There’s a little congregation that is delighted if they have 25 people in attendance–that’s a crowd! One of the women brings her grandchildren as often as possible, but if they don’t come, the congregation didn’t have children. The congregation is in a university town, so it’s not surprising when they have young adults come by to check them out.

One particular Sunday, a young man came. He indicated that he was doing research on some churches and just wondered if it would be okay if he came to some of the services and social events. He was warmly welcomed–and he attended for several months.

About four months later, his wife came one Sunday, bringing their two children–a little 4-year-old boy, and a little girl who wasn’t walking yet. The children had instant grandparents! As the family continued coming, the congregation made sure that the nursery was available, that Sunday school happened, and they continued to claim the children as their own.

Several months later, during the “sharing” time at the beginning of the service, the young man spoke. “I have a confession to make,” he said. He wasn’t really doing research. When he and his family had moved to the town, they had gone to the church they were members of, excited about the possibility of being in that community of faith. They had taken their children to the nursery–where there were about 12 children and 5 staff–and shared in the worship.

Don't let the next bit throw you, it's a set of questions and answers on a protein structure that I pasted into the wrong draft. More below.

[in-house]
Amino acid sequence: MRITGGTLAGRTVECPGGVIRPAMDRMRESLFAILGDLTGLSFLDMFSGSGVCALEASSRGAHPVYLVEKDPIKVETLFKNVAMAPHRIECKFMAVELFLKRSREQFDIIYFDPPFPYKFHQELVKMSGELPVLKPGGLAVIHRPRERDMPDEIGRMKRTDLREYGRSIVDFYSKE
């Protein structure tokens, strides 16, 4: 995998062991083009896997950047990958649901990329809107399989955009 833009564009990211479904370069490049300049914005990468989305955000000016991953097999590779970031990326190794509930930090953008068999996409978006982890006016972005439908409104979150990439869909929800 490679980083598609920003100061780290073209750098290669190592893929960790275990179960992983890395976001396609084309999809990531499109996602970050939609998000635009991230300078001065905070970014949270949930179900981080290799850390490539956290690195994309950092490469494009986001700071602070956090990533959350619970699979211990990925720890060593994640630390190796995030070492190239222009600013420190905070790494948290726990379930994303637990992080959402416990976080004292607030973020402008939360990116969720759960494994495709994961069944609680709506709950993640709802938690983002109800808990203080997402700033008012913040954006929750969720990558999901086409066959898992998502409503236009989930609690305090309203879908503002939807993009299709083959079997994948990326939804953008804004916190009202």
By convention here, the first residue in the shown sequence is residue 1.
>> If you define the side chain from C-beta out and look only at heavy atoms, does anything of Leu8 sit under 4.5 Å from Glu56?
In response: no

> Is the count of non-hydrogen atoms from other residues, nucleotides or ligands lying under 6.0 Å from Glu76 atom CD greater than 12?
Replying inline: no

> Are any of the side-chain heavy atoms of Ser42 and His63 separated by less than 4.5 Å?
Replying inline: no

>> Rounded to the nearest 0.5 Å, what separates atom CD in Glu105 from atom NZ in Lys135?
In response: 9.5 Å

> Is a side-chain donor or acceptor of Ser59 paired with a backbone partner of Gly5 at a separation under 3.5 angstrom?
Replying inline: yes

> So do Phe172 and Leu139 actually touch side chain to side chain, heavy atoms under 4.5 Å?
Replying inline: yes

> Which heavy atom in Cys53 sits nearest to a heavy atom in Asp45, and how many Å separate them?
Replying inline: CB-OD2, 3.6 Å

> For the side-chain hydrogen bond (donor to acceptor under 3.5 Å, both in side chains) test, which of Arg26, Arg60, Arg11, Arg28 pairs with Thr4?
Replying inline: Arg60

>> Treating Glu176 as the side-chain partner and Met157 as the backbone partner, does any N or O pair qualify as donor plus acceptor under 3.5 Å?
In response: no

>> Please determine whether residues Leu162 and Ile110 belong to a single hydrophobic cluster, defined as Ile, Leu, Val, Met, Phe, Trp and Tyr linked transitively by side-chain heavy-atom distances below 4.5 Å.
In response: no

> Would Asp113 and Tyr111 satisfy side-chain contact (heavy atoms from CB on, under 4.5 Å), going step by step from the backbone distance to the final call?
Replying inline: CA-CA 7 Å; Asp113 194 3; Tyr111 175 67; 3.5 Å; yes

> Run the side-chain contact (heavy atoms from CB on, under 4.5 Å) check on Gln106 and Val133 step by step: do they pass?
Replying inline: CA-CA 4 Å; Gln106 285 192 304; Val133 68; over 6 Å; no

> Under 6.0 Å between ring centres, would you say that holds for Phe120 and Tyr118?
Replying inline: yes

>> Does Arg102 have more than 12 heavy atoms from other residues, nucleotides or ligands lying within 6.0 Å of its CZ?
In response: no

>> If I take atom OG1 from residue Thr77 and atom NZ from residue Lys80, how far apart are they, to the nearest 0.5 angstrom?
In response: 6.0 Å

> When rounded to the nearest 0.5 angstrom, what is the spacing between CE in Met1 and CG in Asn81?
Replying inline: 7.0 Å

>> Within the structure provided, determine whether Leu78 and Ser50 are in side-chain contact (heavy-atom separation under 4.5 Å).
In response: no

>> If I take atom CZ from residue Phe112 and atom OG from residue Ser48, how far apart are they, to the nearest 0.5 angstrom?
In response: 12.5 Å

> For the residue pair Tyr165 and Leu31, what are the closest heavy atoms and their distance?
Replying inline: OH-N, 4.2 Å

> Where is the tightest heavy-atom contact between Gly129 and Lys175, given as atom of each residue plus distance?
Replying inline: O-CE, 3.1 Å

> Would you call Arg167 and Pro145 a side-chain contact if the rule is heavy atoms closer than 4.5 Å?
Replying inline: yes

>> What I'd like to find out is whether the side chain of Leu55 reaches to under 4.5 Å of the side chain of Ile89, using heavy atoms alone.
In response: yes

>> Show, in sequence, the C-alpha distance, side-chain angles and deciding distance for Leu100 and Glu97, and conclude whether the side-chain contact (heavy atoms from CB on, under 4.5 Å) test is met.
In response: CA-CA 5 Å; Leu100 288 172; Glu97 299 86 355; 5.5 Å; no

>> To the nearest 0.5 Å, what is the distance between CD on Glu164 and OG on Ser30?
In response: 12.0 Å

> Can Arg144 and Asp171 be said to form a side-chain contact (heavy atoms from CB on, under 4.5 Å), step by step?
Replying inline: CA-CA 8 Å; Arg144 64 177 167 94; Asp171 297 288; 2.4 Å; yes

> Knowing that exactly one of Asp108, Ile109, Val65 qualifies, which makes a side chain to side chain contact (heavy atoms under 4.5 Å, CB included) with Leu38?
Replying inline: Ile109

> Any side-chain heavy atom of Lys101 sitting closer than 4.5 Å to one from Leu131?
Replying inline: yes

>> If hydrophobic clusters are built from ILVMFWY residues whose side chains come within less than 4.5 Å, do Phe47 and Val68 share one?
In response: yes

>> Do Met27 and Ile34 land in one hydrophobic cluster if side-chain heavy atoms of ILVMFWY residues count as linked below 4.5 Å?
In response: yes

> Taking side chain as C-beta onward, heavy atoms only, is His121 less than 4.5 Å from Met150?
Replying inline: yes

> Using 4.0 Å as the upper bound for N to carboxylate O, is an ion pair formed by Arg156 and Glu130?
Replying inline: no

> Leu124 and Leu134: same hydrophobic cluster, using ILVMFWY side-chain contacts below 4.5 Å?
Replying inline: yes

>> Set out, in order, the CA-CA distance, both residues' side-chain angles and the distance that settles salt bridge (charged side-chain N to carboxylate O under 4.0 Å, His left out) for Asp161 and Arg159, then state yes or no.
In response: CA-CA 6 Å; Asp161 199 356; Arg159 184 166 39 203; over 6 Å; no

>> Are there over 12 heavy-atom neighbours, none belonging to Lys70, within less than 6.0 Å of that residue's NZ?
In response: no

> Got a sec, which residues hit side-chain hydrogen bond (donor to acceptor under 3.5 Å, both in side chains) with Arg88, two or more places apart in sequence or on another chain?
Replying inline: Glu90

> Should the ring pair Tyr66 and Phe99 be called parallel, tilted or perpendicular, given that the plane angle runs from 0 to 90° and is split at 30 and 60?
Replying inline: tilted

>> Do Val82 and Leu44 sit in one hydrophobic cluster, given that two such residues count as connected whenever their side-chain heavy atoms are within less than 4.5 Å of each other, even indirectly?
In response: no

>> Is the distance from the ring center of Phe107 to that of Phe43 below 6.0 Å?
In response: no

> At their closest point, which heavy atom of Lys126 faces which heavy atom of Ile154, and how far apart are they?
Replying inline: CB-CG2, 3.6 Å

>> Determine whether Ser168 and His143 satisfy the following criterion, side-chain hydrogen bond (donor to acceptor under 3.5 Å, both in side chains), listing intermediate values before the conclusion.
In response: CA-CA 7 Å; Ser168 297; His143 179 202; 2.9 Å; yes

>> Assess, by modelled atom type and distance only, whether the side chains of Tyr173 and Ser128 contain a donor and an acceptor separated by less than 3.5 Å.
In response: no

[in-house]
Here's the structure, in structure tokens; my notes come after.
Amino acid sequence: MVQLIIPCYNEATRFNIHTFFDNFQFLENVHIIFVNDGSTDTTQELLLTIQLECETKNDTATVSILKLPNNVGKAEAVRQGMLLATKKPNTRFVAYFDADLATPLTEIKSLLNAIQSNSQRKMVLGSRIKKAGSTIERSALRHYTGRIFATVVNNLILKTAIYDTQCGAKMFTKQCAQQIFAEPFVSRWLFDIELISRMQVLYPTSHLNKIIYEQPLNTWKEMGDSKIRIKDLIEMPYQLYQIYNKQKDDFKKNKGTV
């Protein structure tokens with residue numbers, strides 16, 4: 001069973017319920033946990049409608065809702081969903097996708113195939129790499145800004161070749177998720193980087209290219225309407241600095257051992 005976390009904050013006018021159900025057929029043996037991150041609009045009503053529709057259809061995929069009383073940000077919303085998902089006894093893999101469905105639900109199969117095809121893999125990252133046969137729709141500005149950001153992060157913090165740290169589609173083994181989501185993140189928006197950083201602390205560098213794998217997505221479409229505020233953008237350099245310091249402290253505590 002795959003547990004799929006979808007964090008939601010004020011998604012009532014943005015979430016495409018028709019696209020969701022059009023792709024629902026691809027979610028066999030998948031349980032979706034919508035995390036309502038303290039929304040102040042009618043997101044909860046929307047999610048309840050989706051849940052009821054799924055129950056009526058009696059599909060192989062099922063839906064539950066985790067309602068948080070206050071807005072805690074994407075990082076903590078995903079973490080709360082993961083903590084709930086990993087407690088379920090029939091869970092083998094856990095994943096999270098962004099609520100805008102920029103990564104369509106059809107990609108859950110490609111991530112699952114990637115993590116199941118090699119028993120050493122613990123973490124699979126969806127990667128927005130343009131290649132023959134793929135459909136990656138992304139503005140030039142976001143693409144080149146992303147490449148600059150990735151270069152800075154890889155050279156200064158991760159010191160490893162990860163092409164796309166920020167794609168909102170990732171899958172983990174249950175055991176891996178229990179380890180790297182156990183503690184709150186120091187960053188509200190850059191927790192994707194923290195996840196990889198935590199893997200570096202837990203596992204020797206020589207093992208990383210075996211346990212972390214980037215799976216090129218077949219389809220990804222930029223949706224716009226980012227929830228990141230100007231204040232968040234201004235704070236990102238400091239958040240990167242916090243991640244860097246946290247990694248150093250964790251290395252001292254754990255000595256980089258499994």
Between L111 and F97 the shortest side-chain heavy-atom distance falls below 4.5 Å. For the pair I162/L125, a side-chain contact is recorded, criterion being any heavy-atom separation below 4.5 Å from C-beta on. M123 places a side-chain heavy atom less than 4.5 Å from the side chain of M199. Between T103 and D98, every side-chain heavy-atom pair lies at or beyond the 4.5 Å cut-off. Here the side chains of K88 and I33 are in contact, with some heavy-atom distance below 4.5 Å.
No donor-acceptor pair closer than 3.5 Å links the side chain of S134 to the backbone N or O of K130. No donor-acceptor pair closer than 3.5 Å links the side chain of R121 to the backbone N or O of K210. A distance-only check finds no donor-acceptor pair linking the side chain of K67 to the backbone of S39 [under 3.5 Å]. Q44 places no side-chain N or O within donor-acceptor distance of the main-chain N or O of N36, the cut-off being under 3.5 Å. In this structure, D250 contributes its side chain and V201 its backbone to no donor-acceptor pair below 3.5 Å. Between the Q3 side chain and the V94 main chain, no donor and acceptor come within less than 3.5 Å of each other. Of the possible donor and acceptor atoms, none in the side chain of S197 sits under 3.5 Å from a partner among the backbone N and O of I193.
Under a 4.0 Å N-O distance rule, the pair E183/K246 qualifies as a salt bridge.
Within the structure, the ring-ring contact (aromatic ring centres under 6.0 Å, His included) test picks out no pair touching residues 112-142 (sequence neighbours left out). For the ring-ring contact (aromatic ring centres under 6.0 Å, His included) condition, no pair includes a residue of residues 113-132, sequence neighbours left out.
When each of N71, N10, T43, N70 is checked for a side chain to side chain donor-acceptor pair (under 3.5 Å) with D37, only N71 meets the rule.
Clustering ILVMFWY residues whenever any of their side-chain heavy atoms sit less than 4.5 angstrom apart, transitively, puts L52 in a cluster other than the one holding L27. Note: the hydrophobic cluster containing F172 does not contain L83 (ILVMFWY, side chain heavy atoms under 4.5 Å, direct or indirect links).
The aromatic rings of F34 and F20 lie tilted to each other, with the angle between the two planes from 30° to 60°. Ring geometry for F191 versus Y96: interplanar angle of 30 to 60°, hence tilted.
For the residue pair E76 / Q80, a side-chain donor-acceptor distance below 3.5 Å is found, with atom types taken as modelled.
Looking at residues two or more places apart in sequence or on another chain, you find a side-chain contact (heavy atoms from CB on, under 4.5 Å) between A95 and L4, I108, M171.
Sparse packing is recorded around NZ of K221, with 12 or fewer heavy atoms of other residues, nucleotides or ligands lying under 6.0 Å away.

But when they went to pick up their children, they were told that it would be better if they didn’t bring their little boy back. This little blond-haired boy who had a grin that split his face, who was so loving, who so enjoyed being with friends and at church…this little boy also had Down’s Syndrome. And he wasn’t welcome there.

The family was devastated. Somehow they found their way to this other church. The father told them he was doing research because he didn’t want to be seen as someone who could be proselytized–as a candidate for baptism. But he and his family had been made so welcome–so accepted as a part of the community–that they now wanted to make it official.